Gov’t starts detailed plan for unification
Since March, the government led by the Financial Services Commission (FSC) has researched the economic impact of reunification with North Korea.
The government is planning to come up with a contingency plan that is expected to be reflected in the unified financial policies that a joint task force by the FSC and the Ministry of Strategy and Finance is planning to announce next month.
The JoongAng Ilbo had access to some of the reports. Their highlights:
* Once the two Koreas are reunified, more than three million North Koreans will be unemployed. That’s roughly 30 percent of the 11 million to 12 million people who are believed to be actively participating in the North Korean economy today.
* The number of North Koreans allowed to come to the South should be limited after unification and gradually expanded.
* For privatization of commerce and industry, small and midsize companies and small-sized stores in the North should be sold to North Koreans. Additionally, state-owned farms and other types of land should be distributed to North Korean farmers for free.
The government and financial policymakers have been preparing a plan for economic and financial integration between the two Koreas in case of reunification after President Park Geun-hye stressed the issue at the beginning of the year.
In a New Year’s press conference at the beginning of this year, Park said reunification would be a “jackpot.” Two months later, on a trip to Dresden, Germany, she presented three main agenda items for unification: solving human rights issues, co-prosperity by building infrastructure designed to improve livelihoods, and integration of the two societies.
It was about this time that the FSC started to work on the reunification report. There is already a lot of research from both private and public institutions on the topic. But the report complied and prepared by the FSC stands out by focusing on economic integration - how it should be executed and the possible side effects. It could be used as a practical blueprint for reforming North Korea’s economic system. Other existing studies mostly focus on the cost of reunification.
The report proposes the marketization of labor, free pricing and privatization of property as foundations to changing North Korea’s economic system. According to the report, mass layoffs will sweep North Korea once the two Koreas are unified as many state-own companies are likely to collapse.
After unification, if salaries are raised to levels similar to South Korea’s, many North Korean companies will suffer and that will result in layoffs. Additionally, a massive cutback in the one million soldiers in the military will also fuel unemployment among young people.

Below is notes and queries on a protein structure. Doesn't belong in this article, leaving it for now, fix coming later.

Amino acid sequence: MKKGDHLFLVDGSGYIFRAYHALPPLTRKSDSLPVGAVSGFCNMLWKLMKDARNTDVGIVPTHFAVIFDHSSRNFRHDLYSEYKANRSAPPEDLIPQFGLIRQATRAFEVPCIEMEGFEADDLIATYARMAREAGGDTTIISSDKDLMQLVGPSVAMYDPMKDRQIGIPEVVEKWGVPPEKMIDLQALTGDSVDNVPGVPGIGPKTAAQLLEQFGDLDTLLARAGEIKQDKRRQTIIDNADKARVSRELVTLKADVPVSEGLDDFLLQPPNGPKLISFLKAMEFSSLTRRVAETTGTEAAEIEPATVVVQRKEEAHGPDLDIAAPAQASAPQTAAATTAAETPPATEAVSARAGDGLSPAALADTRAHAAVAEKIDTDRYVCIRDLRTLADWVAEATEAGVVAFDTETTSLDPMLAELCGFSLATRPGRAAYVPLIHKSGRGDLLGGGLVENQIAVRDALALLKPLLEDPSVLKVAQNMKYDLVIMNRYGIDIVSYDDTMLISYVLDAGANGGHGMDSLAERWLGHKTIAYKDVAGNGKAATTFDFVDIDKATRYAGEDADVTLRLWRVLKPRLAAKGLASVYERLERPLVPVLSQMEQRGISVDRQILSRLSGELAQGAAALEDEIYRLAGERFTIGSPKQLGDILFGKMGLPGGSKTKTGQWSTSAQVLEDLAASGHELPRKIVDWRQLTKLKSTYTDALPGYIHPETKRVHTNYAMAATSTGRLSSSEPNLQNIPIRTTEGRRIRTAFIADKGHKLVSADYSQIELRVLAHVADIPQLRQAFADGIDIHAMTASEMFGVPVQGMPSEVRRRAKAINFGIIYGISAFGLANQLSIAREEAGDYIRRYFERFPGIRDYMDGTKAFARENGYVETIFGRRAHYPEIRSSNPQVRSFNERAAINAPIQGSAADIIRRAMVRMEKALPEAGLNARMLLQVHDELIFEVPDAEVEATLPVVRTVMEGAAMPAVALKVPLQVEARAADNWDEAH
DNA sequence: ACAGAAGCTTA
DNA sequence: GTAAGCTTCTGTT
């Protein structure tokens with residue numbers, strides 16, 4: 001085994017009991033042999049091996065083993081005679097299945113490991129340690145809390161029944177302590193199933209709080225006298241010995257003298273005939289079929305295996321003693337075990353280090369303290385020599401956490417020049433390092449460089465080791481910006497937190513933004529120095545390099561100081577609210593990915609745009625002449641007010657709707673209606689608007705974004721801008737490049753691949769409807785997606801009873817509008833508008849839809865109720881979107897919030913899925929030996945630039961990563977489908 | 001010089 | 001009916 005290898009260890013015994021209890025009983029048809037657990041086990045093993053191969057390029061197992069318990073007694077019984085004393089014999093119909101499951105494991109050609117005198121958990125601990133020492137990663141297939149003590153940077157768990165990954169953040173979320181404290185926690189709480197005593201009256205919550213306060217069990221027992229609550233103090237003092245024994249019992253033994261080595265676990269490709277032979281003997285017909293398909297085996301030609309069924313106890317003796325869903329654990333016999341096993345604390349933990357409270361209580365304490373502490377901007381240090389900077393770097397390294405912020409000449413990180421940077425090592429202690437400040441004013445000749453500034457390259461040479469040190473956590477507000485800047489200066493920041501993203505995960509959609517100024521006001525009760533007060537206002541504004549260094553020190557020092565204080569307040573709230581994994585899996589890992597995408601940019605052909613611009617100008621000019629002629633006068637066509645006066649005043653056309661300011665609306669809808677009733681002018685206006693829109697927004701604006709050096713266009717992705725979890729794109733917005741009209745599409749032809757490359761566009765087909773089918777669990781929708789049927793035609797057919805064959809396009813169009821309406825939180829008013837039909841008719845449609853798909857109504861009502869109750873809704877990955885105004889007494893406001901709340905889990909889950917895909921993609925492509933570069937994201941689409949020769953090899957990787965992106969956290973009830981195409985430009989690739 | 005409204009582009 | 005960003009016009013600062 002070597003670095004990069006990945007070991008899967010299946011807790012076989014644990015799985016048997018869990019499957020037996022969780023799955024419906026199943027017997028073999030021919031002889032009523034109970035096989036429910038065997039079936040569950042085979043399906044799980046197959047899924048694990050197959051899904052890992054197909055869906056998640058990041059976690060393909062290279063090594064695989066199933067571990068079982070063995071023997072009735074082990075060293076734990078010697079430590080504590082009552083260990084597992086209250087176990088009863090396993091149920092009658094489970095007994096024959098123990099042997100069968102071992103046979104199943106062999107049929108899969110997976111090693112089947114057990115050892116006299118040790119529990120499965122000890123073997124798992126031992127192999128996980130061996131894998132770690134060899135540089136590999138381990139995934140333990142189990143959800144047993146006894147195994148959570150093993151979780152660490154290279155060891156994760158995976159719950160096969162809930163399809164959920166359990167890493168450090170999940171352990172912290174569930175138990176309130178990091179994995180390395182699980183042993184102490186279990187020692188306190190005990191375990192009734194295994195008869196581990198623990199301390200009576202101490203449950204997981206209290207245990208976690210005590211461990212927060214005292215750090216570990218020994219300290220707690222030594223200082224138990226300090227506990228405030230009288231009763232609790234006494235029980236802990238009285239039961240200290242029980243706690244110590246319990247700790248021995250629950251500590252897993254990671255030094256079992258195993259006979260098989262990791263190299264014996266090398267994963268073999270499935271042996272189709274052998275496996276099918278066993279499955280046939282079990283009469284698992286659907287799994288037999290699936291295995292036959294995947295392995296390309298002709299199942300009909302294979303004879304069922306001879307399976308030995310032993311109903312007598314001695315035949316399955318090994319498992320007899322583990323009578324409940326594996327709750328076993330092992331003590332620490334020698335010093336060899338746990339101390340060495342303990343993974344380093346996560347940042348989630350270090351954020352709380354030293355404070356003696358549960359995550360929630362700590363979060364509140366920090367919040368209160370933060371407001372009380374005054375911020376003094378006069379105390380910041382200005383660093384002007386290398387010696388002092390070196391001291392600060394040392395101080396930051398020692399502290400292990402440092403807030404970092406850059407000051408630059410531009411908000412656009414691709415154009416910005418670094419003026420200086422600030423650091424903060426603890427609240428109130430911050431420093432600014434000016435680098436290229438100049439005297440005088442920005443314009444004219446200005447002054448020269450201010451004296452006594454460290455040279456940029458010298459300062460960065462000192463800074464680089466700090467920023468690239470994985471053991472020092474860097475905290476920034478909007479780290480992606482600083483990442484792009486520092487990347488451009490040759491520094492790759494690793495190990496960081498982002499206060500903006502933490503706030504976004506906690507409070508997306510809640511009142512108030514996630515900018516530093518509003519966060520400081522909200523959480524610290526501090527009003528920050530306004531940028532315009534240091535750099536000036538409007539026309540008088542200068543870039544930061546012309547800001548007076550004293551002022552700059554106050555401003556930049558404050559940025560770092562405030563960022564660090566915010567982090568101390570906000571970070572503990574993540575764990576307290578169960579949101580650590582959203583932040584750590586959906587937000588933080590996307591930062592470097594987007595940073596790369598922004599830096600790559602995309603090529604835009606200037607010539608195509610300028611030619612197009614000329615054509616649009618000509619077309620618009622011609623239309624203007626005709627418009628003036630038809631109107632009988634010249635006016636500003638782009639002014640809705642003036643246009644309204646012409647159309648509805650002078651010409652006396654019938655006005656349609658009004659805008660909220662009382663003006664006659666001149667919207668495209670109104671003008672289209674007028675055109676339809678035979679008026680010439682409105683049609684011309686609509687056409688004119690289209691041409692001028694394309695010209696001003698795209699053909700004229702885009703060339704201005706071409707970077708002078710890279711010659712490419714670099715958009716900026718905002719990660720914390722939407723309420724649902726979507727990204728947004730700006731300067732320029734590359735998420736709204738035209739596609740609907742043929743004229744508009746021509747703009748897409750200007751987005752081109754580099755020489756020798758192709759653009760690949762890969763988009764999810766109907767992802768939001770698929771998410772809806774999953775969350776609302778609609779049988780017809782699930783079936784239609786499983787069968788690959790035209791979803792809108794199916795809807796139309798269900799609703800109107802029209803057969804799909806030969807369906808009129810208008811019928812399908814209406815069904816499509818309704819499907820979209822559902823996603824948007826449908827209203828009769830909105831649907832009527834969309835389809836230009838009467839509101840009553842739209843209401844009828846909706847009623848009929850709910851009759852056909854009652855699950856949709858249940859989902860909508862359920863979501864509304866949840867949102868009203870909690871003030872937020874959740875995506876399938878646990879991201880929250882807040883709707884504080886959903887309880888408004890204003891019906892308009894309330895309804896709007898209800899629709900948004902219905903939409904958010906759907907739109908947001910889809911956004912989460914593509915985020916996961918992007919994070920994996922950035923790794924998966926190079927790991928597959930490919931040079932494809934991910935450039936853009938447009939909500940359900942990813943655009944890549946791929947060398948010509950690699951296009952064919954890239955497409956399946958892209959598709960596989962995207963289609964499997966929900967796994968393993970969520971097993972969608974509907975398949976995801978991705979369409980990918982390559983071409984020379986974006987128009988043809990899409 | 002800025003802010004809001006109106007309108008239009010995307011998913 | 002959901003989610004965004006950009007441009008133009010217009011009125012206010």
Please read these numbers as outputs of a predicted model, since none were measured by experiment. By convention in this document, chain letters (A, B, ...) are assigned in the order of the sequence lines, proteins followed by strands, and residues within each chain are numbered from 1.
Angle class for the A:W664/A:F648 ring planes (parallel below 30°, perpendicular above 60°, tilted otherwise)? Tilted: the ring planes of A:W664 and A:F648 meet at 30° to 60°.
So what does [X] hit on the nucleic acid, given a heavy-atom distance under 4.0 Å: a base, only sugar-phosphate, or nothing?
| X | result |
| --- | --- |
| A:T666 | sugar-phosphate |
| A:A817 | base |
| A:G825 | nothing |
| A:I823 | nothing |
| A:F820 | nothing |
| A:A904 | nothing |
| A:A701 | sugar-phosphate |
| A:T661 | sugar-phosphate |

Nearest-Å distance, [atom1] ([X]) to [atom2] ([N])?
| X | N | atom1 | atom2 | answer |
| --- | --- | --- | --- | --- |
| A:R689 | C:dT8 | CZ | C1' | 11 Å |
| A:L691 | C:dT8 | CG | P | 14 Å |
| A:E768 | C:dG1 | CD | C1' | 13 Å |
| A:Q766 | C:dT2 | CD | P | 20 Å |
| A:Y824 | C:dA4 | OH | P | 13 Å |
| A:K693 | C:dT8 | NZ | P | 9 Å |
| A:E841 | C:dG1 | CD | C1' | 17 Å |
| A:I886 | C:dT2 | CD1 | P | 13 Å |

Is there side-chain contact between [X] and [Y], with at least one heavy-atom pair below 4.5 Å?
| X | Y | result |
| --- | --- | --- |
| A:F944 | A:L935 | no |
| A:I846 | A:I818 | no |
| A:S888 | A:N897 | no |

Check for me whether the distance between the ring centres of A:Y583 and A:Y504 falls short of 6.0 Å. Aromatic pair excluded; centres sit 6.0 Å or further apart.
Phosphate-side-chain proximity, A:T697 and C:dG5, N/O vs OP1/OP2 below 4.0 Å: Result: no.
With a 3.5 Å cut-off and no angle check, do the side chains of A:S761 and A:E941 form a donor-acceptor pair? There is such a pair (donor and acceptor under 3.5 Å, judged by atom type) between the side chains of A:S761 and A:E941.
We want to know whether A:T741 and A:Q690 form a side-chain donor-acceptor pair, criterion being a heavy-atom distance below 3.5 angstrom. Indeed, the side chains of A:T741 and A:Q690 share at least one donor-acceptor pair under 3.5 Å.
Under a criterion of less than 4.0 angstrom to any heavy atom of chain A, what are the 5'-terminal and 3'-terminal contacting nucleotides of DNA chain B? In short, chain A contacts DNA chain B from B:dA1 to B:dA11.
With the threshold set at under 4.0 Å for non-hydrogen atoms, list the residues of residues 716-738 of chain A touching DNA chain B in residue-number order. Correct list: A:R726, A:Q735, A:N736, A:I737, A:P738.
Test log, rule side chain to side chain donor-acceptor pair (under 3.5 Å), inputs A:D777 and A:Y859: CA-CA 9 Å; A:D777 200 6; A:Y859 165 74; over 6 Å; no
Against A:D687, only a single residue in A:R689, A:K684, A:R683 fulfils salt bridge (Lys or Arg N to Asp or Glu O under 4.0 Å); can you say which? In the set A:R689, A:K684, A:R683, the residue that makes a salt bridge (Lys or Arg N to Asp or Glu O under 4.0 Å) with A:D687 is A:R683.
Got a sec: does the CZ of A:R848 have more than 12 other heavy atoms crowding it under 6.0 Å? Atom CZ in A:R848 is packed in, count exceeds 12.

A similar situation occurred when East and West Germany were unified. As East German workers’ wages spiked, there was unemployment of 3.2 million people, which was equivalent to 40 percent of Germany’s population at the time.
In just two months after the Berlin Wall fell, 180,000 people relocated from East to West Germany.
South Korea will also plunge into a chaotic situation if a mass exodus from the North occurs.
The report proposes that in the first three years of unification, only 200,000 people from North Korea should be allowed to relocate to the South.
Four to six years after unification, the number should be eased to 300,000, including students who attend schools in South Korea and those who wish to live with relatives in the South. Seven to 10 years after, the number will likely be expanded to one million.
The report said that to prevent fraud, properties that are privatized should be first offered to North Koreans and resale should be restricted. Financial support for North Koreans including higher interest rates on deposits was also proposed.
While there were no limits proposed on who could bid for large state-owned companies, small and midsize businesses should be offered to North Koreans first.
The plan to provide farmland to farmers for free is part of a broader plan to prevent people in rural areas from streaming into cities.
What stands out is that the South Korean government will be acknowledging already existing private ownership in North Korea today, recognizing the limited market economy reforms that have taken place.
In order to reduce the confusion that North Koreans may face in shifting to a market economy, free pricing on products should be limited to less than 50 percent of all products sold immediately after unification. That figure should be expanded to 80 percent within three years. Public utilities including rails, roads, energy as well as gasoline and rice should be subsidized.
The report also proposed that in the early stages of unification, the two countries should continue to use their separate currencies, which will be unified later.
North Korea’s currency, however, should be managed under a fixed exchange rate and a currency swap between North and South should be implemented.
To secure the funding needed for unification, the government is considering implementing an income tax as well as a value-added tax in North Korea while cutting back on North Korea’s defense budget.
“It takes roughly $500 billion to raise the average per capita income of North Koreans to $10,000,” said Kim Yong-beom, director general of financial policy bureau at the FSC.
Institutions differ on their estimates of the cost of unification. In a study released in 2010, Peter Beck, a researcher at Stanford University, estimated that reunification of the two Koreas would cost between $2 trillion and $5 trillion.
BY PARK JIN-SEOK, KANG BYONG-CHOL [firstname.lastname@example.org]
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